Mineral exploration company, Frontier Resources has put its foot on more tenure prospective for rare earths and lithium mineralisation in the Gascoyne region of Western Australia. The new acquisition, named the ‘Mt Clere project’, covers 350 square kilometres of the Durlacher Supersuite lithology that also hosts the “world class” Yangibana rare earths deposit in the region.
The exploration licence application at Mt Clere adds to Frontier’s Gascoyne project where 230 square kilometres of Durlacher Supersuite rocks have also been identified.
Notably, Gascoyne adjoins the Yangibana rare earths deposit operated by ASX-listed Hastings Technology Metals.
Hastings, with a market cap of about $450 million, has drilled out a serious 27.42 million tonne resource grading 0.97 per cent total rare earth oxides at its discovery. Rare earths mineralisation at Hastings’ deposit is hosted in Yangibana ironstone rocks located within the Durlacher Supersuite lithology.
Curiously, Mt Clere also appears to show potential for lithium mineralisation with lithium-bearing pegmatites identified at the project and at an adjoining tenement, according to Frontier.
The strategic pegging of the Mt Clere Project is a great opportunity to expand our exploration focus for rare earths and lithium to complement our existing Gascoyne Project in Western Australia. It’s an exciting time for our Company and we expect to undertake the on ground reconnaissance exploration work as soon as possible.
Frontier is eyeing initial field exploration to identify and confirm the potential for rare earths and lithium mineralisation at Mt Clere.
Subsequent exploration at the project could include soil geochemical sampling, rock sampling and geophysical surveys in the lead up to the potential drilling of high priority target areas.
The acquisition of Mt Clere appears to broaden Frontier’s portfolio of projects prospective for the discovery of minerals linked to the electrification of the modern-day world.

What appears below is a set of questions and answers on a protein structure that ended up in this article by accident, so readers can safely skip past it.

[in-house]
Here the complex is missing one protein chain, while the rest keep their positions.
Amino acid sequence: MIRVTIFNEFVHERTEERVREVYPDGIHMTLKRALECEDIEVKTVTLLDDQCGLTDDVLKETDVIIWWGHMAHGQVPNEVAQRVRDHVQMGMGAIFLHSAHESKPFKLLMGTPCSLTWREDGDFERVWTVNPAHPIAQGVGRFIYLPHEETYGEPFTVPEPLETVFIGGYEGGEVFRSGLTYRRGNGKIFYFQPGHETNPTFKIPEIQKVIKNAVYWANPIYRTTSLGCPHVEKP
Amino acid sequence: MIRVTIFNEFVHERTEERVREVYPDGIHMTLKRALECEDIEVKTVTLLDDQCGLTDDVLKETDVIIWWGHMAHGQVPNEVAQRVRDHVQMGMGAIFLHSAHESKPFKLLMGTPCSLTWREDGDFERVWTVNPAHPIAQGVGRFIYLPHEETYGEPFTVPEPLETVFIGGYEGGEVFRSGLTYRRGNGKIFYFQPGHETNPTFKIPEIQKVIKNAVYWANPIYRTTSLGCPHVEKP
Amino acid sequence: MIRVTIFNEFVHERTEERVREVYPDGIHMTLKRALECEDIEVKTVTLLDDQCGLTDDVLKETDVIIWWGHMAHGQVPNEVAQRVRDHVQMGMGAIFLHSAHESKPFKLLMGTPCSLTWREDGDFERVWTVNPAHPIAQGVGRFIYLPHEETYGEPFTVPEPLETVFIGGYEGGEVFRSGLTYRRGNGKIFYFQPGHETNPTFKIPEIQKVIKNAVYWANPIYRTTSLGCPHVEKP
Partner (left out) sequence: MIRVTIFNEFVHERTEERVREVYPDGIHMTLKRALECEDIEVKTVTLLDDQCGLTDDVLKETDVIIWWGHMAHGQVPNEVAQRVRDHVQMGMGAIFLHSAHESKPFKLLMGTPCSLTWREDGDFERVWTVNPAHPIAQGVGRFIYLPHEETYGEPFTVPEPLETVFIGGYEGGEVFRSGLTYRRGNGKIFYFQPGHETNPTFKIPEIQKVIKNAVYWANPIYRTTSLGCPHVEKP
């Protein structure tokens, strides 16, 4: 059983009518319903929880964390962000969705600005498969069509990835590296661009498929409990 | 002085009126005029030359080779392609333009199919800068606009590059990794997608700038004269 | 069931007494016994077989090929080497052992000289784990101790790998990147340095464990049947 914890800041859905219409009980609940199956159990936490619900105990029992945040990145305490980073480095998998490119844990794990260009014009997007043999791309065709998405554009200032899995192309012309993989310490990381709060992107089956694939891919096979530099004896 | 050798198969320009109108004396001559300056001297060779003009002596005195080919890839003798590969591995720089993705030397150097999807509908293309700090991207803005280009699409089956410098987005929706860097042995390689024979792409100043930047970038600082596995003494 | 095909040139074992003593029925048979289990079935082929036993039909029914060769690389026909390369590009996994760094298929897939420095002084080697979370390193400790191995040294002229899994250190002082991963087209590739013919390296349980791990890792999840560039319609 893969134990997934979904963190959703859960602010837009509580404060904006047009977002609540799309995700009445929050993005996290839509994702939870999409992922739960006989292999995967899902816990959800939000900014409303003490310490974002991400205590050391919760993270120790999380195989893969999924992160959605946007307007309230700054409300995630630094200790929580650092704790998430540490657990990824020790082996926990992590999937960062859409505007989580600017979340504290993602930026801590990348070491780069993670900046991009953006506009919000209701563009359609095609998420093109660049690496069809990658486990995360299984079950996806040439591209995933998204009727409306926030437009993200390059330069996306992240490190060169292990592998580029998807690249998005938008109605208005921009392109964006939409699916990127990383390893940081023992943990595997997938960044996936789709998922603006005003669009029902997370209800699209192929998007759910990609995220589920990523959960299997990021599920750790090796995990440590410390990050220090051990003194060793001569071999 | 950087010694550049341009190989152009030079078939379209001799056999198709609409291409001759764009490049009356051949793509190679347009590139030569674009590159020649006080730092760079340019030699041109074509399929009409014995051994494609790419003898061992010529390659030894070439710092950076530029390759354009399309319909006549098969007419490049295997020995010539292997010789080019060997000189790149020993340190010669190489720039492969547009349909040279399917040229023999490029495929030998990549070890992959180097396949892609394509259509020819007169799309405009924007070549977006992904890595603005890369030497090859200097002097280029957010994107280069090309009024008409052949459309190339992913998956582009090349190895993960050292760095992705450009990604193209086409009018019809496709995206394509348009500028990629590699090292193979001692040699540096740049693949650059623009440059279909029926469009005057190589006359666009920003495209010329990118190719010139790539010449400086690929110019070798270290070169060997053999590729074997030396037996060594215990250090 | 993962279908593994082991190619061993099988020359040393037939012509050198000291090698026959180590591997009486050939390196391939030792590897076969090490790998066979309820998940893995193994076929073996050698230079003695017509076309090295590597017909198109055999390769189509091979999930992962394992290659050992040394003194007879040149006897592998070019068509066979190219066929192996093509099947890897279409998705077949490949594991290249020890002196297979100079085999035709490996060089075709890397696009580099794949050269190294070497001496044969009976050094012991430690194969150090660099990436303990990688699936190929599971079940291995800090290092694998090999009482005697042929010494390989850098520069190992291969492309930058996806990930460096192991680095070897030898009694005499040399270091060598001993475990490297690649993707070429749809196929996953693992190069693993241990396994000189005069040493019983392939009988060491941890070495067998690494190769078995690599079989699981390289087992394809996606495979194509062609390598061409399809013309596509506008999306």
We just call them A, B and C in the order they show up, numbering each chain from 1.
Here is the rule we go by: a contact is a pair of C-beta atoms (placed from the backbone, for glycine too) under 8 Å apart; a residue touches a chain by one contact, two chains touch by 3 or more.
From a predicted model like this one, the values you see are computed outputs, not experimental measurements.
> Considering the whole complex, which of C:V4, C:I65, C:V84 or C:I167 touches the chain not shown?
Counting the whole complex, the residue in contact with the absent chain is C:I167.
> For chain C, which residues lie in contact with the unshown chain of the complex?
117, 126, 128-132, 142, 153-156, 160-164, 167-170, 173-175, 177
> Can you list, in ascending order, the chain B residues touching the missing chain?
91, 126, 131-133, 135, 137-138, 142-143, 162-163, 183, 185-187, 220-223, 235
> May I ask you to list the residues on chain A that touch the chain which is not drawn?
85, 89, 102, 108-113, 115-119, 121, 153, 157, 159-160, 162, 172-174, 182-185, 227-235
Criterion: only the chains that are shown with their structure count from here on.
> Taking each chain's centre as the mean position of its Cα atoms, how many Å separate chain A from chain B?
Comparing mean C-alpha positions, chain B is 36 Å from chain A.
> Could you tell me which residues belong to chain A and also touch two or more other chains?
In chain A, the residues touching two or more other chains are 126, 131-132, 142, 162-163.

The company is set to secure its Gascoyne rare earths project and its Koolya kaolin and high purity alumina project, west of Kalgoorlie, after recently moving to acquire 100 per cent of private group, Dalkeith Capital – the applicant for all tenements at the two projects.
Perth-based Frontier says the projects complement its other recent acquisition of the Murraydium rare earths project in South Australia.
Geological mapping and helicopter-supported rock chip sampling at Gascoyne have already wrapped up and the company says it has identified outcropping rocks interpreted to represent Yangibana style ironstones.
Frontier has also launched an airborne magnetic-radiometric survey over its Gascoyne project to better define drill targets at the prospective tenure.
The company is focusing its exploration efforts at Gascoyne on neodymium and praseodymium – rare earth elements vital in the production of magnets for electric motors used in a wide array of applications including electric vehicles and windmills to name just two.
A recent report by international research organisation, Roskill, determined that global appetite for electric vehicles could rise by 26 per cent per annum over the next decade. The report also forecast that demand for magnets containing neodymium from the electric vehicle sector alone could account for more than 40 per cent of total global demand by 2030.
Frontier says other research conducted by Adamas Intelligence, an independent research and advisory organisation, concluded that global magnet rare earth oxides consumption could rise five-fold from US$2.98 billion recorded in 2020, to as much as US$15.65B by the end of the decade.
With the acquisition of Mt Clere, Frontier appears to have added further potential for discovery of strategic minerals central to the green revolution being waged around the world.
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